Epacrophis reticulatus (BOULENGER, 1906)
Can you confirm these amateur observations of Epacrophis reticulatus?
|Higher Taxa||Leptotyphlopidae, Leptotyphlopinae, Epacrophini, Typhlopoidea, Serpentes, Squamata (snakes)|
|Common Names||Reticulate Blind Snake|
|Synonym||Glauconia reticulata BOULENGER 1906: 441|
Leptotyphlops reticulata - PARKER 1949: 19
Leptotyphlops reticulatus — MCDIARMID, CAMPBELL & TOURÉ 1999: 40
Leptotyphlops reticulatus — BROADLEY & WALLACH 2007: 17
Epacrophis reticulatus — ADALSTEINSSON, BRANCH, TRAPE, VITT & HEDGES 2009
Epacrophis reticulatus — WALLACH et al. 2014: 275
|Distribution||NW Somalia (highlands, elevation 900-1250 m).|
Type locality: Wagga, Goolis Mountains, near Berbera, altitute 3000 - 4000 ft., Somalia. Map legend:
- Region according to the TDWG standard, not a precise distribution map.
NOTE: TDWG regions are generated automatically from the text in the distribution field and not in every cases it works well. We are working on it.
|Types||Holotype: BMNH 19126.96.36.199.|
|Comment||Diagnosis: This species is distinguished from Leptotyphlops boulengeri by its high middorsal and subcaudal counts and from L. drewesi by its broad rostral shield and reticulate colour pattern. Skull robust, with fused parietal bones.|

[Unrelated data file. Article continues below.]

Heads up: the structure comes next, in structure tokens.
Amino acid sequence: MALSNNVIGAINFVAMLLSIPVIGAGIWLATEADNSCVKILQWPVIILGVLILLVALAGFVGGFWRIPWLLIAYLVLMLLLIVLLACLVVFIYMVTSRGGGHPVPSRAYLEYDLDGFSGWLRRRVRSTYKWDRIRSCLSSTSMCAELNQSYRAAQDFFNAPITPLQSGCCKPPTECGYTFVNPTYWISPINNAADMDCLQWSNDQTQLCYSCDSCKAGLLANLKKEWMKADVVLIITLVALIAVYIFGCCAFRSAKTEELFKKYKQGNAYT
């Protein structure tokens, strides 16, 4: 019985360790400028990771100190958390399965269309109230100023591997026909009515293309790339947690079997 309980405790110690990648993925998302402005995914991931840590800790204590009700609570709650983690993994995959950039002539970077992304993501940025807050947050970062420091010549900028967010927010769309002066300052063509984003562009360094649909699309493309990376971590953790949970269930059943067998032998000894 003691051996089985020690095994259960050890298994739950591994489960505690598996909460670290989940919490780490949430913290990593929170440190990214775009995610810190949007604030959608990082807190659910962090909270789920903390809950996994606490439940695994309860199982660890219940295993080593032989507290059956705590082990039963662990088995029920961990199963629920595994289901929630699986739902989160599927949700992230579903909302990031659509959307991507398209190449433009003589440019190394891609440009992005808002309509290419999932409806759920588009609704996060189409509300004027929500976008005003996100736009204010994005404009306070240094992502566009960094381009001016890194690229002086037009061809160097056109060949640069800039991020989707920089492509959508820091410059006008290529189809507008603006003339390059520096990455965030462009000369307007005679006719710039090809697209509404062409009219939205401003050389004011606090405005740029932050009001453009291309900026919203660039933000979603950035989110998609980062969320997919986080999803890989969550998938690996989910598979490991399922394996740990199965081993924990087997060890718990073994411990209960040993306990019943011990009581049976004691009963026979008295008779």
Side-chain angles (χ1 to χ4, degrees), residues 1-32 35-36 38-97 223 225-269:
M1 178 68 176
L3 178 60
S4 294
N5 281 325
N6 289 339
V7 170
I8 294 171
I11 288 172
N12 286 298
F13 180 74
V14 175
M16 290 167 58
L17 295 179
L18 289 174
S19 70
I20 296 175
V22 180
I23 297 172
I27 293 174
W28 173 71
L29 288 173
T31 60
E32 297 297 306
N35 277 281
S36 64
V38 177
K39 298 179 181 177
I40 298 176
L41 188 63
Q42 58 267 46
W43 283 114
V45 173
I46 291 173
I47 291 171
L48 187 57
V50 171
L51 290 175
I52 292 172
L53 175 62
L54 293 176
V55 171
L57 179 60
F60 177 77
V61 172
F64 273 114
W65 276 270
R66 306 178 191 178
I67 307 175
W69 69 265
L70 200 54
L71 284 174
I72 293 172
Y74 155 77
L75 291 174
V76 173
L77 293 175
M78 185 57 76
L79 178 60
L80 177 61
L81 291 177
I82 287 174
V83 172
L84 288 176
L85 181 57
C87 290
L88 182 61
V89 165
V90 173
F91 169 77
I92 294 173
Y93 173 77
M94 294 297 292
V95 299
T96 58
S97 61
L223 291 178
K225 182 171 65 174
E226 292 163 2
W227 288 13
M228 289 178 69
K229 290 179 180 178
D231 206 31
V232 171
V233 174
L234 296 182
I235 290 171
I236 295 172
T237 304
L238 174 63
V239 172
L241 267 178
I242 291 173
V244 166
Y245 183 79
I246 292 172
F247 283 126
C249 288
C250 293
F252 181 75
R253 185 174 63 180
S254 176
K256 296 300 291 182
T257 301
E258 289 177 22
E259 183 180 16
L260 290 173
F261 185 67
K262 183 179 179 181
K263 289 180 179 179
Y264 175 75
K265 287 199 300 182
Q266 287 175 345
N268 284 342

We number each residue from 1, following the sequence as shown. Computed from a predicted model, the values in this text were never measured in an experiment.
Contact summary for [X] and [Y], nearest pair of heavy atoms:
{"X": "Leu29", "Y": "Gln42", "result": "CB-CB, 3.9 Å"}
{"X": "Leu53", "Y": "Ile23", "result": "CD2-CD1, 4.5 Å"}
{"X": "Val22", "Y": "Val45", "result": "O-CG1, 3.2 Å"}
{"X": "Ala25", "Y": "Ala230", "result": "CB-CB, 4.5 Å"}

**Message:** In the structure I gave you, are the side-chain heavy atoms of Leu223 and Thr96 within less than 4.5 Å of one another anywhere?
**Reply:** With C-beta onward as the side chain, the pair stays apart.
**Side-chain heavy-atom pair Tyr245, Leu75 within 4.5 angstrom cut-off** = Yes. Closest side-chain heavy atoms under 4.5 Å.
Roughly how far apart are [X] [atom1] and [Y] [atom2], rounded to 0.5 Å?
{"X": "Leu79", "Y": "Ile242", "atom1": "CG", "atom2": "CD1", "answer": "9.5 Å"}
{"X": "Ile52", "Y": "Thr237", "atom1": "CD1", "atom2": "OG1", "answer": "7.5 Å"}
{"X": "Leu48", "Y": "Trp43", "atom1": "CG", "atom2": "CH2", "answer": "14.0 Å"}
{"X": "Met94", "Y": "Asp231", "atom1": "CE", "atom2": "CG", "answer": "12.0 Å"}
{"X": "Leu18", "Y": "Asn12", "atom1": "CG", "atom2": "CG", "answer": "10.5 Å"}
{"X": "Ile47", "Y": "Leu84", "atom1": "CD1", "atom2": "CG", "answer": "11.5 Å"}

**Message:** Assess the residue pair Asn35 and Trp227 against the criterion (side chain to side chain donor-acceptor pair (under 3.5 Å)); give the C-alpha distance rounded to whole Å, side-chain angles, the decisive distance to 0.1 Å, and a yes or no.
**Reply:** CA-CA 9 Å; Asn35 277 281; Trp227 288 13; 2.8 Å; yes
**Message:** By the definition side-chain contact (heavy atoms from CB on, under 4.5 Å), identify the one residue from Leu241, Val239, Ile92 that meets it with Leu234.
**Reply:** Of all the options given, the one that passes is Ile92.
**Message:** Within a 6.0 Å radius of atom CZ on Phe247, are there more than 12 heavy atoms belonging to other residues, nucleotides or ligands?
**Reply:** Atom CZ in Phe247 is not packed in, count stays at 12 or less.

The reticulatus species group is characterised by the presence of a discrete frontal shield, a rounded snout in lateral view, 10 midtail scale rows, a moderate anterior supralabial, a stout apical spine on the tail (Wallach, 199), a moderate
posterior supralabial and a crescentic cloacal shield. The robust skull has fused parietal bones in Leptotyphlops reticulatus and L. boulengeri. This group was initially known as the L. boulengeri species group.
Type species: Glauconia reticulata BOULENGER 190 is the type species of the genus Epacrophis Hedges, Adalsteinsson, & Branch 2009.
Diagnosis (genus): Species of Epacrophis and Epacrophini have 14 midbody scale rows, 10 midtail scale rows, 180– 248 middorsal scale rows, 18–32 subcaudals, two supralabials, a moderate-sized anterior supralabial, 143–201 mm maximum adult total length, a body shape of 30–57 (total length/width), a relative tail length of 7.9–10.9 %, a tail shape of 3.2–5.7, no striped pattern, and usually a brown dorsum and white venter (Table 2). Epacrophini can be distinguished from the two other tribes in the subfamily Leptotyphlopinae by the presence of a moderate-sized anterior supralabial (versus absent or small in other species of Leptotyphlopinae, except L. howelli) and a stout apical spine on the tip of the tail (Broadley & Wallach 2007; Wallach 199). No species were included in the molecular phylogenetic analyses. [from ADALSTEINSSON et al. 2009].
|Etymology||Etymology (genus): The generic name is masculine and derived from the Greek adjective epakros (pointed at the end) and Greek noun ophis (snake), in allusion to the distinctive thorny spine at the tip of the tail in species of this genus.|
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